The postorbital process (PrPo, Figures 5-9) is more reduced in Tapera (Figure 5) and N. geoffroyi (Figure 8): it varies in length from one fifth to one sixth of the distance between its origin in the cranium and the jugal arch. This length is longer (a quarter of this distance) in Geococcyx (Figure 9) and is particularly short in Dromococcyx (Figure 6) and Morococcyx (Figure 7), where it is less than one seventh of the specified distance. Moreover, in Dromococcyx the postorbital process is laterally narrow.

The fossa laterosphenoidales is shallow (FL, Figure 5) but deeper and larger in N. geoffroyi, Morococcyx and Geococcyx. In Dromococcyx a bony trabecula (T2, Figure 6) is attached to the tuberculum parasphenoidale and it is narrower, tapered and smaller than trabecula 1 of the squamosal region.



The orbitocranial fontanelle (FOC, Figures 5-9) of the interorbital septum shows a smaller aperture in Geococcyx (Figure 9) than in other Neomorphinae.

The rostral wall of the orbit (paries rostralis orbitae) contains a narrow and shallow sulcus for the olfactory nerve (SuO, Figure 6). The medial orbitonasal foramen (Form, Figures 6-9) is larger in N. geoffroyi and Geococcyx (Figures 8 and 9). The lateral orbitonasal foramen is extremely reduced or absent in Tapera and Dromococcyx.

The upper jaw (UJ, Figures 1, 2, 5-9) is approximately one half of the total length of the skull in all Neomorphinae, except in Geococcyx, in which the upper jaw is approximately two-thirds of the skull length. In D. phasianellus (Figure 6), the upper jaw is narrower than in the other species, and in Tapera (Figure 1) it is shorter and larger. The rostral apex of the upper jaw is more ventrally curved in Tapera (Figure 5). Geococcyx shows an elongated elevation on the mediocaudal surface of the upper jaw. This elevation is more prominent in G. velox than in G. californianus.

The nasal aperture (N, Figures 1, 2, 5-9) is partly covered by a bony lamella in all species of Neomorphinae. However, in Morococcyx, N. geoffroyi (Figure 8) and Geococcyx (Figures 7, 8, 9) this lamella is broader than in Tapera (Figures 1, 5) and Dromococcyx (Figure 6) because it covers the caudal portion of the nostril. In Tapera (Figures 1, 5) and Dromococcyx (Figure 6) it covers only the dorsocaudal portion. In the ventral surface of the nostril, all species present a short crest (NCr, Figures 5, 6), but in Morococcyx it is longer. N. geoffroyi (Figure 8) has a discrete, laterally flattened elevation (SNE, Figure 8) on the dorsal surface of the supranasal region (PlS, Figure 1) rostroventral surface of the premaxillary bones. The laterally flattened jugal process (PrJ, Figures 5-9) is broader in Dromococcyx, Tapera and N. geoffroyi (Figures 5, 6, 8).

All species present a conspicuous depression between the maxillopalatine processes (PrMP, Figures 10-14), but this depression is deeper in Tapera and Dromococcyx (Figures 10, 11).

The maxillary process (PrM, Figures 10-14) of the palatine (Pal, Figures 5, 10) is narrower in the rostral region in Tapera and Dromococcyx (Figures 10, 11). The palatine bone broadens out laterocaudally, especially in N. geoffroyi (Figure 13), where its breadth covers almost the entire distance between the jugal arches. The narrow choanal fossa (fossa choanalis, Fc, Figures 10-14) has a rostral projection (RPj, Figure 11) and it is longer in Dromococcyx (Figure 11).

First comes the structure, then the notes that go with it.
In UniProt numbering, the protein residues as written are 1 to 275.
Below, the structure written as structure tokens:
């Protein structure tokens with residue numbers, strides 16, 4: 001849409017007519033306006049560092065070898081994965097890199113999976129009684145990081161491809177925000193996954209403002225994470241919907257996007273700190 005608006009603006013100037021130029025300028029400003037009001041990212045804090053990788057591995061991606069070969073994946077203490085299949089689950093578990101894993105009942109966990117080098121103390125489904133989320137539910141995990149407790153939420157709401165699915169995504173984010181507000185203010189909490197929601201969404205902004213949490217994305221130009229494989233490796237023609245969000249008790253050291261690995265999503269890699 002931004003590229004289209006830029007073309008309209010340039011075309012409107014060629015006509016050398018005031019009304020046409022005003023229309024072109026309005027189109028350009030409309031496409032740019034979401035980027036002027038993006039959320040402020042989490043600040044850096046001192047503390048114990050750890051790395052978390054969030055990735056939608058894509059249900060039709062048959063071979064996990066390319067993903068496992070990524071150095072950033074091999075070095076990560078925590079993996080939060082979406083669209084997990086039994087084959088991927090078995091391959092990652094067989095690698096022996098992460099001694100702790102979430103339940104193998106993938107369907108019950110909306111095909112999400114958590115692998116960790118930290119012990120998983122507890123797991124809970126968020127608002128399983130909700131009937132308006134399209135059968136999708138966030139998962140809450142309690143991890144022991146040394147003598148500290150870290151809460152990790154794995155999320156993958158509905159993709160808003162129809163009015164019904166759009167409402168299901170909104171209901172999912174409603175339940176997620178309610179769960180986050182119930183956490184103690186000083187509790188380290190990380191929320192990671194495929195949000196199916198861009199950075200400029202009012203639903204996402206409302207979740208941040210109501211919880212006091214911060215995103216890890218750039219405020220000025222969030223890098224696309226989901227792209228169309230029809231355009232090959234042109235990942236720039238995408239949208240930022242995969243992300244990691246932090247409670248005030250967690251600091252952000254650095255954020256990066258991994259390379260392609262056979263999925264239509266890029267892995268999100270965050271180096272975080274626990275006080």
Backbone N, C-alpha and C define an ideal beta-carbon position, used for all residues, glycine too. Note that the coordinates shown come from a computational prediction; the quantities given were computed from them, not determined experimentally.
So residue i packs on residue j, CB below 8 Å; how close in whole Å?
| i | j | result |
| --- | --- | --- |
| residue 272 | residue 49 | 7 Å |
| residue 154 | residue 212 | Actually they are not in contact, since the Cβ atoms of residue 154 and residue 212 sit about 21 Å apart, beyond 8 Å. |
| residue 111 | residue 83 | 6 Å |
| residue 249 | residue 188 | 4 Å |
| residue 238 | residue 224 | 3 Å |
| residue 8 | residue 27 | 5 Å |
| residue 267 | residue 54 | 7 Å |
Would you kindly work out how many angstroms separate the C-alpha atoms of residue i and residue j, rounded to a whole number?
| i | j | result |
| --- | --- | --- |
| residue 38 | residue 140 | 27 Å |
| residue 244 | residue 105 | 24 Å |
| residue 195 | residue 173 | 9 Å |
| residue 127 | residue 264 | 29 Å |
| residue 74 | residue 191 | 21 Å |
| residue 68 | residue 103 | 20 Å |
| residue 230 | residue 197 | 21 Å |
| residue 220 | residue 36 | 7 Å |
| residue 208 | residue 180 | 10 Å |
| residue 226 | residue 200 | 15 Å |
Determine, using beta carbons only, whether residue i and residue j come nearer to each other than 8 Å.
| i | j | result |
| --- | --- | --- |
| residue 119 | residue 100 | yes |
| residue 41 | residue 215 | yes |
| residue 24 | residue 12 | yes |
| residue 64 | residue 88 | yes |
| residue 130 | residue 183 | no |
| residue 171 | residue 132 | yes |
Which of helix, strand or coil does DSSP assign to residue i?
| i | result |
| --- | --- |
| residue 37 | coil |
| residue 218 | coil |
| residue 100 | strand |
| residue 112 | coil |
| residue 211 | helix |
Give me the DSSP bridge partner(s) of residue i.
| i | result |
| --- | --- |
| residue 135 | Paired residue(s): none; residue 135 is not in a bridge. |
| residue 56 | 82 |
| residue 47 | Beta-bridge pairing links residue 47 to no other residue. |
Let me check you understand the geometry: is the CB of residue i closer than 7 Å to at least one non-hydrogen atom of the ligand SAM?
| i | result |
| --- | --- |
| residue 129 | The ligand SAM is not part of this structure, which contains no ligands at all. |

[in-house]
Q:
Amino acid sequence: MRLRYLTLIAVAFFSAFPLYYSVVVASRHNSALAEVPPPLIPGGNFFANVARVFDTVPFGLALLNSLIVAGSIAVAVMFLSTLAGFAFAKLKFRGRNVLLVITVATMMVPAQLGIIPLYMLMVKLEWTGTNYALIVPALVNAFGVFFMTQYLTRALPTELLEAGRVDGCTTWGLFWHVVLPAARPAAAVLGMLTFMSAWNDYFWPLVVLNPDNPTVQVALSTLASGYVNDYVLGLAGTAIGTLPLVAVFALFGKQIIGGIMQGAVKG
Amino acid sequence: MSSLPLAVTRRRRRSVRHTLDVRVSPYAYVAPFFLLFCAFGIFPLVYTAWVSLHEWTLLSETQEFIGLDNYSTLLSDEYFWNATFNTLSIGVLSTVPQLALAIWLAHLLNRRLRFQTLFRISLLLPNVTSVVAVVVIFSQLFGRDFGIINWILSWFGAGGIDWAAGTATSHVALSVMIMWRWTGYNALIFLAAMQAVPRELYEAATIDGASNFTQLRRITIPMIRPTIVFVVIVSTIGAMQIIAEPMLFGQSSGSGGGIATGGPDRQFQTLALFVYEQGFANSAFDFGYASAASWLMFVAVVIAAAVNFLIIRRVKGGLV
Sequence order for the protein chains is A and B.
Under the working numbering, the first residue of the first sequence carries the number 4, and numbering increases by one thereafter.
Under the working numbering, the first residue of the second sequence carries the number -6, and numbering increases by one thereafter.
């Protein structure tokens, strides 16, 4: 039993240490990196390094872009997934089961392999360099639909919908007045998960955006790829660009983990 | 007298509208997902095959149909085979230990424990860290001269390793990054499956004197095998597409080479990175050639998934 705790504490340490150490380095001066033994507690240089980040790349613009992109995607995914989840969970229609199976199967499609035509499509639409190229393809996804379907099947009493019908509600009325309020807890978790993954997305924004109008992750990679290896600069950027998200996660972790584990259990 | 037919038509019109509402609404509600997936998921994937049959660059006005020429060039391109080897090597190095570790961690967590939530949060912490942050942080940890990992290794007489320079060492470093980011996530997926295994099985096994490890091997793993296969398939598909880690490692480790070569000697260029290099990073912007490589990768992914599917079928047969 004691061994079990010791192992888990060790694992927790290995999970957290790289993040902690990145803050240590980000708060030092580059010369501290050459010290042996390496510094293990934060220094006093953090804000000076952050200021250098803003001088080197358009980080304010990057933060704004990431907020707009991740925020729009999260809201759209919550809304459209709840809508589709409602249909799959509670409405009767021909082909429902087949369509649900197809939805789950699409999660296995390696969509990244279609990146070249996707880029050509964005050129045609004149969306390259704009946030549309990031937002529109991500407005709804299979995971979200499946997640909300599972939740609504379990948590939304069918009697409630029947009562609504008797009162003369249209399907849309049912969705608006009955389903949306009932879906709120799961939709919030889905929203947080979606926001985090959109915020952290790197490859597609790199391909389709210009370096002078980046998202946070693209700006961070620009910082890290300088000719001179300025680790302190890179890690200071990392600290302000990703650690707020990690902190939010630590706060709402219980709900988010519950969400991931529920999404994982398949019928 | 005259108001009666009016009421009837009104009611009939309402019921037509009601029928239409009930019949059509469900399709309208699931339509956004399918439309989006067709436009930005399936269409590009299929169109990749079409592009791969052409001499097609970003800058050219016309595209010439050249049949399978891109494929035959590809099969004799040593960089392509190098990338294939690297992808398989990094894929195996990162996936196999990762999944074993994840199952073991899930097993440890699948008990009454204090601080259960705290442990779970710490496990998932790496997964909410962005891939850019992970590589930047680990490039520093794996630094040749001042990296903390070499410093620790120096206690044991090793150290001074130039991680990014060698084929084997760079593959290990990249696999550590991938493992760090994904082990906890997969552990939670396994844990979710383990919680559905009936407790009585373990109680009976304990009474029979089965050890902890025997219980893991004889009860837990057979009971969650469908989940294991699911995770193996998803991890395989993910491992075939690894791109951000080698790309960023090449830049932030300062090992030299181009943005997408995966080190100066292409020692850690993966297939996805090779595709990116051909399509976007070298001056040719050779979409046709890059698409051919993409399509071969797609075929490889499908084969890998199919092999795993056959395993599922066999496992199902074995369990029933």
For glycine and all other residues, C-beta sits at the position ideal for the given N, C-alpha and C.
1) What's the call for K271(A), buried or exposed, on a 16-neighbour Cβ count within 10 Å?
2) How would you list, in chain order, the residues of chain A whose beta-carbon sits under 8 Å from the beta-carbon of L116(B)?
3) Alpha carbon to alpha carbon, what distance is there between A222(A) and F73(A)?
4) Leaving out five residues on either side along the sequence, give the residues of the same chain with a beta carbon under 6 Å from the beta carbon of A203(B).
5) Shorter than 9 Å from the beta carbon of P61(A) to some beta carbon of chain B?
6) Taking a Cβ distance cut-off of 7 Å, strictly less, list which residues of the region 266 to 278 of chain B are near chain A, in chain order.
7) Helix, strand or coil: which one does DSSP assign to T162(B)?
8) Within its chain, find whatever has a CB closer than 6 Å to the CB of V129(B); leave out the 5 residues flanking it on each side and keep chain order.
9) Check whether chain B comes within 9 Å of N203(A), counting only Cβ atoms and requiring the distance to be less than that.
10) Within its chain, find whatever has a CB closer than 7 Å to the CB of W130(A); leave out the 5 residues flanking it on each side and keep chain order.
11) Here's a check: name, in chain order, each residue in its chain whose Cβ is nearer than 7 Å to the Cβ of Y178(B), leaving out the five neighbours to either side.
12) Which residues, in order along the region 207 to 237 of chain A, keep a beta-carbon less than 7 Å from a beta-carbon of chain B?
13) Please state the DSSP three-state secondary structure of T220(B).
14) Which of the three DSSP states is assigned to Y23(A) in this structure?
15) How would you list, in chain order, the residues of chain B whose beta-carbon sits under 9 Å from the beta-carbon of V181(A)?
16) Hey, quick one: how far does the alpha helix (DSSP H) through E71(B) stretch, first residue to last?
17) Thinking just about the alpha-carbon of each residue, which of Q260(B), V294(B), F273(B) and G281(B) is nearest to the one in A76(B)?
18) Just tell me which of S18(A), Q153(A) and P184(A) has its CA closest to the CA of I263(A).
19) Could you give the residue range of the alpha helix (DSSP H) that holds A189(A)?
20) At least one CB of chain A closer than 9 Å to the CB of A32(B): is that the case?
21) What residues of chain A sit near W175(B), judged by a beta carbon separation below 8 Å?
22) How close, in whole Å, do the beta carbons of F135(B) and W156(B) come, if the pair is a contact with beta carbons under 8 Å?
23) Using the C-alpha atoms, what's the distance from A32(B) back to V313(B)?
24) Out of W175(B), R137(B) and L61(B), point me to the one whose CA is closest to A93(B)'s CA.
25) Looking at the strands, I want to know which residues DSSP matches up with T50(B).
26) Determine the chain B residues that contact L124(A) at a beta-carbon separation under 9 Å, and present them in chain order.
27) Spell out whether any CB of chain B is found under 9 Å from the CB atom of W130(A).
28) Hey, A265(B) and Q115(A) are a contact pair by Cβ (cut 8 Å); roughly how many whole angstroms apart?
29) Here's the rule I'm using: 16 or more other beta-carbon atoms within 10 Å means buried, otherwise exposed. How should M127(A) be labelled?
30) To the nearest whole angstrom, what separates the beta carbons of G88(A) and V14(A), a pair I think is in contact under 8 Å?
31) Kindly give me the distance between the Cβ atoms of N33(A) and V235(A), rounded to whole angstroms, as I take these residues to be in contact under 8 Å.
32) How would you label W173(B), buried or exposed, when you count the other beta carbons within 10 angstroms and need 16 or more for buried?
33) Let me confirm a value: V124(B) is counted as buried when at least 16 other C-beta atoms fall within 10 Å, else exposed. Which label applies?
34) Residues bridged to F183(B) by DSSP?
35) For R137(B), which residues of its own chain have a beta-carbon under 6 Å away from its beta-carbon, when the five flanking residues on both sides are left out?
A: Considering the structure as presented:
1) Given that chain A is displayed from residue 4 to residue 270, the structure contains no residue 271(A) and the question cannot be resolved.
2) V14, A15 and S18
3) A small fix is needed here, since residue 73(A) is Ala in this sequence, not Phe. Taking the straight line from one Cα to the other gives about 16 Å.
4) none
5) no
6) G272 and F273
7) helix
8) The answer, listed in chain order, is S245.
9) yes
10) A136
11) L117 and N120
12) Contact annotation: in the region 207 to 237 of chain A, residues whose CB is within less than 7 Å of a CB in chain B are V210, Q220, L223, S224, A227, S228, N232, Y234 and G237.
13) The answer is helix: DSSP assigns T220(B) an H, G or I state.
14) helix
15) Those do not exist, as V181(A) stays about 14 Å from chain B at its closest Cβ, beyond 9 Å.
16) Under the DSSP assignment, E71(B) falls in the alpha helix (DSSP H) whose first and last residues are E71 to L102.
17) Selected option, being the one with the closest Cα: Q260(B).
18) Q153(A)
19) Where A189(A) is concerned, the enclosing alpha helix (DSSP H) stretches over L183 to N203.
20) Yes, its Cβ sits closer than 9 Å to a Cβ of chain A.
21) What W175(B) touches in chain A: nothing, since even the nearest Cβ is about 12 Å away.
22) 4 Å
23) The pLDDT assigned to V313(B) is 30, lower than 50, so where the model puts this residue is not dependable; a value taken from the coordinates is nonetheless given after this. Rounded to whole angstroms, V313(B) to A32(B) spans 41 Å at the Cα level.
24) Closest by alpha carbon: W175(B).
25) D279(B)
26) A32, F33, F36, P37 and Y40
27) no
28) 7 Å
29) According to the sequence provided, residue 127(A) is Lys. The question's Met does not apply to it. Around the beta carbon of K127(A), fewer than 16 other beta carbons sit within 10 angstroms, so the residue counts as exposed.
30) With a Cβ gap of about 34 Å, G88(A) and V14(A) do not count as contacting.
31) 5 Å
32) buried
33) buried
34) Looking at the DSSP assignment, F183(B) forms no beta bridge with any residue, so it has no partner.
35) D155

In Morococcyx, N. geoffroyi and Geococcyx (Figures 7-9) the choanal lamella (LC, Figures 5-9) is absent. The pterygoid process (PrPt, Figures 10-14) is short in Tapera (Figure 10), Morococcyx (Figure 12) and Geococcyx (Figure 14). It is reduced and laterally wide in N. geoffroyi (Figure 13) and longer in Dromococcyx (Figure 11).

The pterygoid (Pt, Figures 5, 10) presents a thin plate (proc. dorsalis, PrD, Figure 5) in Morococcyx, Dromococcyx and Tapera. However, in N. geoffroyi (Figure 8) and Geococcyx (Figure 9) the pterygoid is flat (the dorsal process is absent).

The orbital process (PrOr, Figure 5) of the quadrate bone is short and rounded in N. geoffroyi and Geococcyx (Figures 8, 9). In the other species, the orbital process is longer and narrower.

The lateral (Col, Figures 4, 11) and medial (Com, Figures 4, 11) condyles of the quadrate are of practically the same size in Tapera, Dromococcyx (Figure 3) and Morococcyx, but in N. geoffroyi and Geococcyx (Figure 4) the lateral condyle is larger than the medial condyle.






The mandible is long and narrow, with a total length equivalent to three times the distance between the two mandibular rami (ramus mandibulae) in all species of Neomorphinae.

The symphysial portion (pars symphysialis) accounts for roughly a quarter of the total length of the mandible in all species except Tapera where it accounts for approximately a fifth of this distance. The rostromedial surface of the mandible has a long and deep fossa.

The fenestra caudalis is partially covered by a thin bony lamella. In N. geoffroyi, this lamella covers nearly the entire aperture.

The medial surface of the medial process has a well-developed tubercle and the caudal surface of the mandible has a broad shallow fossa in all species.